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Farmers flunking ... failing to fill US demand for tomatoes, sweet pepper, cucumber and other produce

Published:Sunday | May 22, 2016 | 12:00 AMRyon Jones
Some of the farm produce on display at the recent Agro Fest 2016 are in high demand in the United States.
Morgan Perkins
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Jamaican agricultural producers are missing out on millions of United States (US) dollars in potential earning by failing to target that lucrative market to export their produce.

According to US agricultural attache to the Dominican Republic, Haiti and Jamaica, Morgan Perkins, the country is lagging behind some of its regional counterparts by failing to fully capitalise on the American market despite having certain advantages.

One advantage that Jamaica has is the presence of a US Department of Agriculture, Animal and Plant Health Inspection Service, Plant Protection and Quarantine, Preclearance Offshore Programs based at the Norman Manley and Donald Sangster international airports.

"It is somewhat underutilised right now; there is the capacity for a lot more traffic to go through those pre-clearance centres," said Perkins, as he pointed to the facilities which are 100 per cent funded by the Jamaican Government.

"There are actual USDA (United States Department of Agriculture) personnel at these preclearance centres who are supervising inspection and fumigation of agricultural products for shipment to the United States.

"And that ensures that when products arrive in the US they are going to go through inspection much more quickly and going to encounter much less problems with pest and diseases," added Perkins.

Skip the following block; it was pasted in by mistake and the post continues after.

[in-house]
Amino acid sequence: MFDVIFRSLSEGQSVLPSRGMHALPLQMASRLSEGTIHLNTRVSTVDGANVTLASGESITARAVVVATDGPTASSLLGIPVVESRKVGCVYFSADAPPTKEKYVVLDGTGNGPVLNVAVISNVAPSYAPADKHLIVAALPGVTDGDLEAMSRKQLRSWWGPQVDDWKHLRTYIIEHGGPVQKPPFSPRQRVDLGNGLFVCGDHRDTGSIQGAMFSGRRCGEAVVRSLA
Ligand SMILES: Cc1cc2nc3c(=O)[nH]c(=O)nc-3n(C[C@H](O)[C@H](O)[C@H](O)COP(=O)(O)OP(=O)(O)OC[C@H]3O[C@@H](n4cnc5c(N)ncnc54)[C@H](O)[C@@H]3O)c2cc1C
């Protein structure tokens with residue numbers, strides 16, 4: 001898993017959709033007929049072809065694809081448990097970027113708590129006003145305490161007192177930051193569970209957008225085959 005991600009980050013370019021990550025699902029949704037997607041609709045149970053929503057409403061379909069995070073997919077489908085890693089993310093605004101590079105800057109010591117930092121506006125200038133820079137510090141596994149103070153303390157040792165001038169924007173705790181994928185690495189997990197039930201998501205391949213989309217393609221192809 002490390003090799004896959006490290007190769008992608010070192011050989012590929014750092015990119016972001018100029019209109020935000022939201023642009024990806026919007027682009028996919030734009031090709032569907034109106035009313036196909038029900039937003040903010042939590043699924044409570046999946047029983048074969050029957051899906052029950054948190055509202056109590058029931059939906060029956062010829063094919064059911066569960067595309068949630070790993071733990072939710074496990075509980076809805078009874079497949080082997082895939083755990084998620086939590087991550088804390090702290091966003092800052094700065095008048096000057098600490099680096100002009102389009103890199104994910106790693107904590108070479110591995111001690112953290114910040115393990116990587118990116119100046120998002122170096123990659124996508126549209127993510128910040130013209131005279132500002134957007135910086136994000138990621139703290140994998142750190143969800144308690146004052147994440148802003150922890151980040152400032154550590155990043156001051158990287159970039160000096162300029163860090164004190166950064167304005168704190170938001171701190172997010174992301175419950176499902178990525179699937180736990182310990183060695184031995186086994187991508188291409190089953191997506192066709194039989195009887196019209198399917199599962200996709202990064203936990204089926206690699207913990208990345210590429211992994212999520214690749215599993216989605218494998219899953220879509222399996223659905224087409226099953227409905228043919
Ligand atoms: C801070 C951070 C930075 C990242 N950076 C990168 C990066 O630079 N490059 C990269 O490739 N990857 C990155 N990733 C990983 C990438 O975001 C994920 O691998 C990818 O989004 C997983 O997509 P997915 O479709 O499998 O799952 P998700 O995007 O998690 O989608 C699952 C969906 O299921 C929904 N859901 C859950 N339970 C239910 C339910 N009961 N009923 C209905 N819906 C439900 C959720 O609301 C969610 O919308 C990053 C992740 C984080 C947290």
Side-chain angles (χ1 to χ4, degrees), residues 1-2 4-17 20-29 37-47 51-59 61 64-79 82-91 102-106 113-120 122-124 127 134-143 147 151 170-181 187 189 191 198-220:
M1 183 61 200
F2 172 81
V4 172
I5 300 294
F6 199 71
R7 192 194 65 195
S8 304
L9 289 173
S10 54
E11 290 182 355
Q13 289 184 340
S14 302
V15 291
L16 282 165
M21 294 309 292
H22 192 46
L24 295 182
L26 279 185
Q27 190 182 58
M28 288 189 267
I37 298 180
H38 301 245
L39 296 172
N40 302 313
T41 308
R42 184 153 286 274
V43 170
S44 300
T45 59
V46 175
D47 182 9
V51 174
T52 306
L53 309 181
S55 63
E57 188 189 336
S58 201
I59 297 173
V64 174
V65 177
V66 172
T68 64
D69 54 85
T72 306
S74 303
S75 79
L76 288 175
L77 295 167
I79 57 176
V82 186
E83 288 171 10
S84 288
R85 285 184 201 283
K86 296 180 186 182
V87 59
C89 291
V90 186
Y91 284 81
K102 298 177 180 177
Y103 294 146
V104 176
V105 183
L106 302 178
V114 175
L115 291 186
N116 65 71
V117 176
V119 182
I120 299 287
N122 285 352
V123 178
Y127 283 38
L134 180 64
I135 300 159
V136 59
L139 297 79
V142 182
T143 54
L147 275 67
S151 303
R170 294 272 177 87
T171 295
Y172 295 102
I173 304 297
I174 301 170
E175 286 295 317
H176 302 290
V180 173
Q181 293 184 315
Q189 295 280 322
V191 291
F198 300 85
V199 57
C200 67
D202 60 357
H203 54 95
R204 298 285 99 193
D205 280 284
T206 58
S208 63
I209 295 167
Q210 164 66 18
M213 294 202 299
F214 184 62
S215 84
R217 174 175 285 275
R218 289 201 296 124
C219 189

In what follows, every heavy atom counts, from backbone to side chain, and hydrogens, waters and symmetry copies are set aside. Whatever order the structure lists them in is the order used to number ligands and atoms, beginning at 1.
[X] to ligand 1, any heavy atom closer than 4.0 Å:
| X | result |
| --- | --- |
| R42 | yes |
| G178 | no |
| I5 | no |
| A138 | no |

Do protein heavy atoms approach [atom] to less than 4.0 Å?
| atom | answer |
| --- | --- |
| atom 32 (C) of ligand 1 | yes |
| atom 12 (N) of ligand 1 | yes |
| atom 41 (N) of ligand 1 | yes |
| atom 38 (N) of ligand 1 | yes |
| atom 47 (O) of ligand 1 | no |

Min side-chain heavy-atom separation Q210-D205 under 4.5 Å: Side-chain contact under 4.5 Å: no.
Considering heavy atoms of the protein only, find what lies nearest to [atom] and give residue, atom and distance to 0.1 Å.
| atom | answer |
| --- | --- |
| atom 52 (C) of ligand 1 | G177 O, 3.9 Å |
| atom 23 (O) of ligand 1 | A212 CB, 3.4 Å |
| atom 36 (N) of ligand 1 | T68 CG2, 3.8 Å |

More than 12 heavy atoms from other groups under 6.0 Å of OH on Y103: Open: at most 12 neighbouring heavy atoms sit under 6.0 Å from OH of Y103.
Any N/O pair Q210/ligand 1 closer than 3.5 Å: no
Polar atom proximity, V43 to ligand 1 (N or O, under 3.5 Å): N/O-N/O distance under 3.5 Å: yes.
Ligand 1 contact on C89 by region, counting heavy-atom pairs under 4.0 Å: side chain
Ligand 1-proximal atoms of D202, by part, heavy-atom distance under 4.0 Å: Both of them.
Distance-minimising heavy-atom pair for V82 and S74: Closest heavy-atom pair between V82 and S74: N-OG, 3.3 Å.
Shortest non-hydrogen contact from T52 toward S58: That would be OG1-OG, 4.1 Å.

Jamaica has preclearance to export 50 commodities to the United States, but the country is failing to supply a significant number of these on a regular basis, missing out on millions of US dollars annually.

 

IN-DEMAND FOOD ITEMS

 

Some of the food items in demand in the US which Jamaica is failing to supply the US in sufficient quantity are tomatoes, sweet peppers, Chinese melons, Chinese okras, cucumbers, and eggplants.

"The products on that list that are not going to the US are generally not going because they are not being produced in the quantity and quality that need to be produced in order to go to the US," said Perkins.

"There is a lot of demand for those products. So if you have a good-quality product, you can easily get it into the big wholesale markets and it will be just swallowed right up.

"Comparing to the Dominican Republic, there are a number of products on that list that the Dominicans are exporting to the US in large quantities, tens of billions of dollars per year that could be shipped from Jamaica as well."

According to Perkins, the Dominican Republic's success is due in part to the ability of its farmers to supply the US market during the winter when its production is down.

Some steps have been taken recently to enable the country to capitalise on some of the market currently being missed out on in the US, with April's signing of a memorandum of understanding (MOU) between the Jamaica Agricultural Society (JAS) and the National Association of Christian Educators.

"Over the next 24 to 36 months, it is our intention to explore exporting those crops in a structured framework," said president of the JAS, Norman Grant.

"I have been told by Dr (Amos) Jones, who is the coordinator (of the programme), that there is a potential US$24 million worth of market that is available over five years for these particular crops."

The initial list of produce under the MOU are bell peppers, cabbage, carrots, corn, cucumber, Irish potatoes, onions, okra, string beans, sweet potatoes, squash, and turnip green (top of the plant).

ryon.jones@gleanerjm.com